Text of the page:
• synonyms


[ni-stag-muh s]
  1. a congenital or acquired persistent, rapid, involuntary, and oscillatory movement of the eyeball, usually from side to side.
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Origin of nystagmus

1815–25; < New Latin < Greek nystagmós nodding, derivative of nystázein to nod
Related formsnys·tag·mic, adjective
Dictionary.com Unabridged Based on the Random House Unabridged Dictionary, © Random House, Inc. 2018

Examples from the Web for nystagmus

Historical Examples of nystagmus

  • On the right, nystagmus on fixation, fingers are counted at 5-6 feet.

    Schweigger on Squint

    C. Schweigger

  • These were nystagmus, paresis of facial muscles, laryngeal spasms, etc.

  • Nystagmus occasionally occurs in monocular fixation (with exclusion of the other eye).

  • Not to complicate the question, however, I have excluded all cases of nystagmus from the following investigation.

  • In Figure L 3a the nystagmus occurs only in males and descends through unaffected females.

British Dictionary definitions for nystagmus


  1. involuntary movement of the eye comprising a smooth drift followed by a flick back, occurring in several situations, for example after the body has been rotated or in disorders of the cerebellum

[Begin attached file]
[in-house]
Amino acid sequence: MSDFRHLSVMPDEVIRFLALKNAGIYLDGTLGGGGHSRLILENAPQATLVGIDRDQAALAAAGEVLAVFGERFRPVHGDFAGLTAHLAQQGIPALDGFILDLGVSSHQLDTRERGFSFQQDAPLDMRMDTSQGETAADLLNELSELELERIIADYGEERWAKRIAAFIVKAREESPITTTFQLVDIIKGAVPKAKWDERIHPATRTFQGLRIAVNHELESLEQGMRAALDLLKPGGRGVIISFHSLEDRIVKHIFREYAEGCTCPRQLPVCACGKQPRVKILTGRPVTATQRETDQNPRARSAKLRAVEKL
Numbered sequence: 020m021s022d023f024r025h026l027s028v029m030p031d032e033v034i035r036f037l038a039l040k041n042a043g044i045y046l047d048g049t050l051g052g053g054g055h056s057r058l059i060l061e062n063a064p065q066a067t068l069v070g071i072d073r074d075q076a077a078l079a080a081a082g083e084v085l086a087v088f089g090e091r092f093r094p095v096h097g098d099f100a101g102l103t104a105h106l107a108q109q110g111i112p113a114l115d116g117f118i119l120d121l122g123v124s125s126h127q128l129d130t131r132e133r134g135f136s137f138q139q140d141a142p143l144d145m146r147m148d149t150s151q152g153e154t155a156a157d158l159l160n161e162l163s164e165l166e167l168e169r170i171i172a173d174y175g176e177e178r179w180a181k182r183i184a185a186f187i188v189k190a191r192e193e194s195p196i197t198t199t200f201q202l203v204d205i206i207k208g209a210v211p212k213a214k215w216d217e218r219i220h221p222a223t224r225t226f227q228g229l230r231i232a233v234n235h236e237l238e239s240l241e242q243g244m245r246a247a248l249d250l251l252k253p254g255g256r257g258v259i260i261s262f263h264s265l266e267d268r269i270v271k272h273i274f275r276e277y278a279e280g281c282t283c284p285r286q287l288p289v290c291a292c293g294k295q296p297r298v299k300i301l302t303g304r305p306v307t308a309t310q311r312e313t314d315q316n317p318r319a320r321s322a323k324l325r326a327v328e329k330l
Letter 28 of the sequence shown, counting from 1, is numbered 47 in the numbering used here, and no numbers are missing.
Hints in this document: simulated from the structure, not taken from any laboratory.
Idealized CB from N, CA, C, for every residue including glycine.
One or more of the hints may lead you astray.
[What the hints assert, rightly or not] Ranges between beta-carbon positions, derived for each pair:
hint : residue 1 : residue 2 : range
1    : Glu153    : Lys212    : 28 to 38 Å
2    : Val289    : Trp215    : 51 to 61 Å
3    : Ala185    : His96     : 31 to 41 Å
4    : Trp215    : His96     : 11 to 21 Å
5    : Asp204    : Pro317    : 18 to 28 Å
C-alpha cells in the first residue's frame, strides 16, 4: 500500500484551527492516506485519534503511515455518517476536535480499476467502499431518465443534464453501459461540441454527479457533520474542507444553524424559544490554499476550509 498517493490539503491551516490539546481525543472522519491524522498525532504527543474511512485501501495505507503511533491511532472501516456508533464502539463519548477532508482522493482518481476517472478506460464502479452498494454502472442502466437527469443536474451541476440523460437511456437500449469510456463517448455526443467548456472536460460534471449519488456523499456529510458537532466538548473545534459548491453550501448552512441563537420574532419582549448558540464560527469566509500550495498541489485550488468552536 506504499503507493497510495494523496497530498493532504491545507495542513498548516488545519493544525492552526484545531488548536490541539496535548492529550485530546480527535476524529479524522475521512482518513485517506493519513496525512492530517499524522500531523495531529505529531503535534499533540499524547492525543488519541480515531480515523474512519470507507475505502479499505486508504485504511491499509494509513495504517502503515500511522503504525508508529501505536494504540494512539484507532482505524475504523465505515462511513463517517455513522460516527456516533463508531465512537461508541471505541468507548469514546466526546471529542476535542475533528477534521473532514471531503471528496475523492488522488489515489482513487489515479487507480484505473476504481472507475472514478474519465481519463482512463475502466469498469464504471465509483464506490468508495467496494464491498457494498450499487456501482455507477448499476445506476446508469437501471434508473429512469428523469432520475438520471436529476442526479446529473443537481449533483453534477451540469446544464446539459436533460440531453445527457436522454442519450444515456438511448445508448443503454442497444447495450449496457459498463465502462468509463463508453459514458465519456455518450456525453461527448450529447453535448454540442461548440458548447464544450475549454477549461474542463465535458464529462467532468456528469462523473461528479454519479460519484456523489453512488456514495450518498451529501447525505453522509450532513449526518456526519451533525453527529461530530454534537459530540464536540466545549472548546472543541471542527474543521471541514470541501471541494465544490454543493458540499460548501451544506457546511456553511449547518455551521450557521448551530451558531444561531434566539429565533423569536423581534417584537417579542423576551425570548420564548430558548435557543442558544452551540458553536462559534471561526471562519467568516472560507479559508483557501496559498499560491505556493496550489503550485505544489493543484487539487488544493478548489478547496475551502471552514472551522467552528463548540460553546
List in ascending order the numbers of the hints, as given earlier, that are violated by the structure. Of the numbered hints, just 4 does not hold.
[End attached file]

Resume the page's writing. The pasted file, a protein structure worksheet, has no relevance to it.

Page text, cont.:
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Word Origin for nystagmus

C19: New Latin, from Greek nustagmos
Collins English Dictionary - Complete & Unabridged 2012 Digital Edition © William Collins Sons & Co. Ltd. 1979, 1986 © HarperCollins Publishers 1998, 2000, 2003, 2005, 2006, 2007, 2009, 2012

Word Origin and History for nystagmus


medical Latin, from Greek nystagmos "nodding, drowsiness," from nystazein "to nod, be sleepy," from PIE *sneud(h)- "to be sleepy."

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Online Etymology Dictionary, © 2010 Douglas Harper

nystagmus in Medicine


  1. A rapid, involuntary oscillatory motion of the eyeball.
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Related formsnys•tagmic (-mĭk) null adj.
The American Heritage® Stedman's Medical Dictionary Copyright © 2002, 2001, 1995 by Houghton Mifflin Company. Published by Houghton Mifflin Company.